Kennett has always enjoyed the richest depths of musical talent. As the local saying goes, "There must be something in the water." But, when it comes to that talent, the Crow household must have had an extra water spigot over the years. "Both my parents have always been, and still are, avid music fans. They exposed us to all different kinds of music. My mother (Bernice) has always had one of the finest voices in town. And, as most of Kennett knows, Dad plays in a rock band," Crow chuckled. In addition to her stunning vocals, Bernice is a long-time piano instructor, and husband, Wendell, plays in the local band, 'The Usual Suspects.' He has even occasionally appeared on the road with his daughter. "As rock and roll goes, I definitely didn't have a tortured childhood," laughed Crow. "I grew up with very loving, very giving parents."
The family talent doesn't stop there. Sisters Kathy and Karen are also gifted singers and pianists, and Kathy is a talented songwriter, as well. Crow's brother, Steve, a successful construction contractor, also mixes into the family's musical brew. "He went a different direction, but he, too, is very musical. He's got a great ear and can, dead-on, sing any guitar solo or whistle string lines. He's a big music lover, and he also plays a bit of piano."
The Crow family has also been involved in another music genre, locally: jazz. Both Bernice and Wendell played in a local, swing band years ago, "The Kicks Band," which featured a group of talented jazz musicians who regularly performed at a variety of community events. Bernice sang vocals, while Wendell played trumpet. "One of my most cherished memories is hearing my parents come home, late at night, playing their records on our old Magnavox. My sisters and I would sit at the top of the stairs, and even fall asleep there, wondering what was going on, on the other side of that wall. It was magical. I have great memories of it," Crow recalled.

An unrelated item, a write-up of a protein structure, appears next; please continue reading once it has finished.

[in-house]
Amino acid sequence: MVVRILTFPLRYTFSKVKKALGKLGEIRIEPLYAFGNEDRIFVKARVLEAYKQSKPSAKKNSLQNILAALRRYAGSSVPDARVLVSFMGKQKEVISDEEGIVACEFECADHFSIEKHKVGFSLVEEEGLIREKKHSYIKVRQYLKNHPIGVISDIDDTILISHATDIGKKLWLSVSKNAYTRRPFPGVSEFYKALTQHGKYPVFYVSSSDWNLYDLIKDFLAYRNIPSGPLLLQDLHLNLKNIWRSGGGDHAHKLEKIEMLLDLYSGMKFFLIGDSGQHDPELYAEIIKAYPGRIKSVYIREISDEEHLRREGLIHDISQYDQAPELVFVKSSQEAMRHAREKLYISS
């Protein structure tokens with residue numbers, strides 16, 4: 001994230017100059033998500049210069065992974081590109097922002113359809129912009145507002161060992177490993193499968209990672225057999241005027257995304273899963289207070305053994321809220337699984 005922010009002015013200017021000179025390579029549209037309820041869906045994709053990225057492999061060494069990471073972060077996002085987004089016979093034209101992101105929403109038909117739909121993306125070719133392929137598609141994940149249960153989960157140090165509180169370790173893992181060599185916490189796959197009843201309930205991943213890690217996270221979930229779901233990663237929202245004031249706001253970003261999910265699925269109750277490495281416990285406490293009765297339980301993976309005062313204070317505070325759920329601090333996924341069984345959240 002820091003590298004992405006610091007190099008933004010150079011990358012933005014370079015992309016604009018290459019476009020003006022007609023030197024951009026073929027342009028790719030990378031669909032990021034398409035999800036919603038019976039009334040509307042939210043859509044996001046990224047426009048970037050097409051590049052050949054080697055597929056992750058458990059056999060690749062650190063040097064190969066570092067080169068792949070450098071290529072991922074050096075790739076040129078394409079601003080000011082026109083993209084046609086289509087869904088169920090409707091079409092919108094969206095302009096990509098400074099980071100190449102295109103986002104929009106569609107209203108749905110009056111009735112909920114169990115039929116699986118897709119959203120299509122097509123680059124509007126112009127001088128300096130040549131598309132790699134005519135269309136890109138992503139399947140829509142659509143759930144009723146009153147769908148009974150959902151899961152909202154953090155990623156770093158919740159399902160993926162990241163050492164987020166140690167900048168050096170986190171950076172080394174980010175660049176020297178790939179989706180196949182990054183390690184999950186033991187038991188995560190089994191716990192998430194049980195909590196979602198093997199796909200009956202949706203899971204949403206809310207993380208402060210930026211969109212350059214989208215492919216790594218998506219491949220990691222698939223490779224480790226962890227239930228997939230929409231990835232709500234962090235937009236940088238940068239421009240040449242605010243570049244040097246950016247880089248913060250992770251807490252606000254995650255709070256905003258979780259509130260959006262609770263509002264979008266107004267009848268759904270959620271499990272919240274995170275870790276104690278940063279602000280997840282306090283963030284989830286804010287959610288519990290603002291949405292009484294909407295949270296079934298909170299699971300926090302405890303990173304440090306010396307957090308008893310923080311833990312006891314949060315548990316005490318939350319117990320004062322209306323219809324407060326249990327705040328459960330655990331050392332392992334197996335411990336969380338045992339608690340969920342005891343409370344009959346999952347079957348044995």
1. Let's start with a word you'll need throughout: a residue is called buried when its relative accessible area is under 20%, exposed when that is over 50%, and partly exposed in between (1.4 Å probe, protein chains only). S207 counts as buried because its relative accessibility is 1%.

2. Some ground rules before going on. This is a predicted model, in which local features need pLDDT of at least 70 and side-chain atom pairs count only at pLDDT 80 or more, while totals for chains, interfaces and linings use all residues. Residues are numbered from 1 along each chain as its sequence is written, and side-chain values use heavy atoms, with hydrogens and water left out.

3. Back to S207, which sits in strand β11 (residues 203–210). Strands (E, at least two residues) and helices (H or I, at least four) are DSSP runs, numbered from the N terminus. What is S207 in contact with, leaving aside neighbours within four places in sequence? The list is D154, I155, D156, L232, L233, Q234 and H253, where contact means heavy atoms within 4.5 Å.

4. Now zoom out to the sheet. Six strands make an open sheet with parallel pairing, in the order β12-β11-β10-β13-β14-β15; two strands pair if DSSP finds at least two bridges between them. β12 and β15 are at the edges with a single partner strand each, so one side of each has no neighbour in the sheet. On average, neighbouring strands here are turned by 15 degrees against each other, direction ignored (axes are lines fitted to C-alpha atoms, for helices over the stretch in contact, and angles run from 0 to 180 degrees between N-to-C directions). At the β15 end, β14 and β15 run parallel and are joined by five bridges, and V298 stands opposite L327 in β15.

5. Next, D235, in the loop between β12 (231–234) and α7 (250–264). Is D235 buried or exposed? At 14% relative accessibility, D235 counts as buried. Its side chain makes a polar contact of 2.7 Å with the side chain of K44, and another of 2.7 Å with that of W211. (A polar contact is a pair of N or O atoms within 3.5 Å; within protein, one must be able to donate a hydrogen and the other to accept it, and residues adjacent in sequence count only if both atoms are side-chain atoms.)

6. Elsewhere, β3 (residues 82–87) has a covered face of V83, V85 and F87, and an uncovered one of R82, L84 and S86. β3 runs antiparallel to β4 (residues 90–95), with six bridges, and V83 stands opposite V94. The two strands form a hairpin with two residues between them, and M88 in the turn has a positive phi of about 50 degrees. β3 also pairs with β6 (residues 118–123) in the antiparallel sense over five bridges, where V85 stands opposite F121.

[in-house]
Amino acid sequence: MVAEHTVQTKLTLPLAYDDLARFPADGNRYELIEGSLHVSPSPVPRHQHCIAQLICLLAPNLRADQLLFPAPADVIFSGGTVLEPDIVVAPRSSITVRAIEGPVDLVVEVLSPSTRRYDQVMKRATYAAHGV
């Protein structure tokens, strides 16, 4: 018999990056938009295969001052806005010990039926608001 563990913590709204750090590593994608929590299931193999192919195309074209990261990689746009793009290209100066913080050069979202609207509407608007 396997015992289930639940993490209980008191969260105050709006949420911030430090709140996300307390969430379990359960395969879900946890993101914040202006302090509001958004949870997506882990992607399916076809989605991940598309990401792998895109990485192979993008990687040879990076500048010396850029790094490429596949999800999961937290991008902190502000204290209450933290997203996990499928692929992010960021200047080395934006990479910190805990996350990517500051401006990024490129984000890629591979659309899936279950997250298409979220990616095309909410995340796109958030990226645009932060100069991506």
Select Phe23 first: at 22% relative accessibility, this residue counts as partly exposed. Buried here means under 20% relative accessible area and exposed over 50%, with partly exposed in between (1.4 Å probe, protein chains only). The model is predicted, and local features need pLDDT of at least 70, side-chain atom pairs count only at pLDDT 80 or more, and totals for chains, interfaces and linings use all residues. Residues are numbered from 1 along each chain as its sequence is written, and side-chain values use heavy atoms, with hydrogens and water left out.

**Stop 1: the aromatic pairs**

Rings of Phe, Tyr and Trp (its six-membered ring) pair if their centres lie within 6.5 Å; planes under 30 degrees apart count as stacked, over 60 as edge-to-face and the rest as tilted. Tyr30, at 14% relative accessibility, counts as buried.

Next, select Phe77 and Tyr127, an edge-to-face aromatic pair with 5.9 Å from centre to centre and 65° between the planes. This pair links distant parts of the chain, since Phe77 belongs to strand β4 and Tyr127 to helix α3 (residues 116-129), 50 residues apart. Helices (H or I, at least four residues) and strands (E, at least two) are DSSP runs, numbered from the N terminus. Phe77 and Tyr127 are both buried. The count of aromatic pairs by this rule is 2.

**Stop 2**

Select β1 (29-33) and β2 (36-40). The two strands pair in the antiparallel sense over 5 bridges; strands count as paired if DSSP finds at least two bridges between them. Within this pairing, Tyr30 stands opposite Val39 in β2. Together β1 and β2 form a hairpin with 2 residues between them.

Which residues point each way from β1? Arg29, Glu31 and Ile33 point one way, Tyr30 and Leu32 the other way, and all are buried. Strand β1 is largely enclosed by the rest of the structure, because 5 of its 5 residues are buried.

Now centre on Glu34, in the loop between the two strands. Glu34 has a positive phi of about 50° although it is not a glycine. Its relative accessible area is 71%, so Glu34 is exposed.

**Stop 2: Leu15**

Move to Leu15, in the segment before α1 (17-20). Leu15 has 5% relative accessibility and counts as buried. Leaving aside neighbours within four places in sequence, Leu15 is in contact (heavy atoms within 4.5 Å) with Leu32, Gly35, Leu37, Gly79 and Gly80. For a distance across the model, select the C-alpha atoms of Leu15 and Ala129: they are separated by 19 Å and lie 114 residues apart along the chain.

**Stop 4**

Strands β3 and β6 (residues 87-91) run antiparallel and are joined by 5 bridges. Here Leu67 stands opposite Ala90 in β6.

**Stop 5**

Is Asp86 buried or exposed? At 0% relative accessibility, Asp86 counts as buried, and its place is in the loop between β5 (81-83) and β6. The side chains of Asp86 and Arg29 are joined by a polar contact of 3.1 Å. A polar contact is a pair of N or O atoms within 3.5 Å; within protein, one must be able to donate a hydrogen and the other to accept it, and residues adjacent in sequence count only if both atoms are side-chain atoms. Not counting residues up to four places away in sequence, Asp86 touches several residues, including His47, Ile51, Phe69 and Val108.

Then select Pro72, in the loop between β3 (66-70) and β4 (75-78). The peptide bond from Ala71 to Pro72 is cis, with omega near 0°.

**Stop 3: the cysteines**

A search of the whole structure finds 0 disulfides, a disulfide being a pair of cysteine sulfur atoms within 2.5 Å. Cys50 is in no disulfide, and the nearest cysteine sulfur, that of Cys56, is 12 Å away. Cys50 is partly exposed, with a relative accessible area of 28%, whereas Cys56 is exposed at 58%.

These days, Crow has little ones of her own to tuck into bed at night, in Nashville...a pair of young sons, Wyatt and Levi. Since their earliest days, both boys have routinely gone out on the road with their mom. Crow added, "It's a bit trickier, now that Wyatt's in school. But, yes, I still take them out with me, whenever I can. I also do a lot of red-eye's. I try to, at least, put them in bed or wake up with them in the morning. Our rule is to never be more than two nights away from each other."
The rest of Crow's family is also a frequent visitor on the road. "Steve and his family come out as much as they can. And, in fact, my parents and Kathy recently joined me for an eight-day tour of Scotland, Ireland and England. I also played London's Royal Albert Hall on that trip, a huge, old Shakespearean theater, which is my absolute favorite place to play in the world," said Crow.
Once the holidays are over, and the "Diner" preview run closes, Crow will return to Washington, D.C., to perform in a concert tribute to singer and songwriter, Emmylou Harris. Shortly afterward, she'll return to Kennett, for the Crossroads concert. "Everyone who knows me knows that Kennett is my beloved community, my first home, and I continue to get home quite often. Having come from such a supportive community, I'm glad to be a part of the Crossroads concert line-up," Crow said.
Sexton is more than happy to welcome her. "I truly believe that Sheryl's success has inspired our students, after her, to believe that it is possible to follow your dream and succeed. I am sure her success had a very positive influence on Trent, David and Noll and, hopefully, many students yet to come. Our community is truly blessed with talent," Sexton said.
For more details about Kennett Crossroads, or to purchase tickets, visit www.KEFconcert.com.
SOURCE: The Daily Dunklin Democrat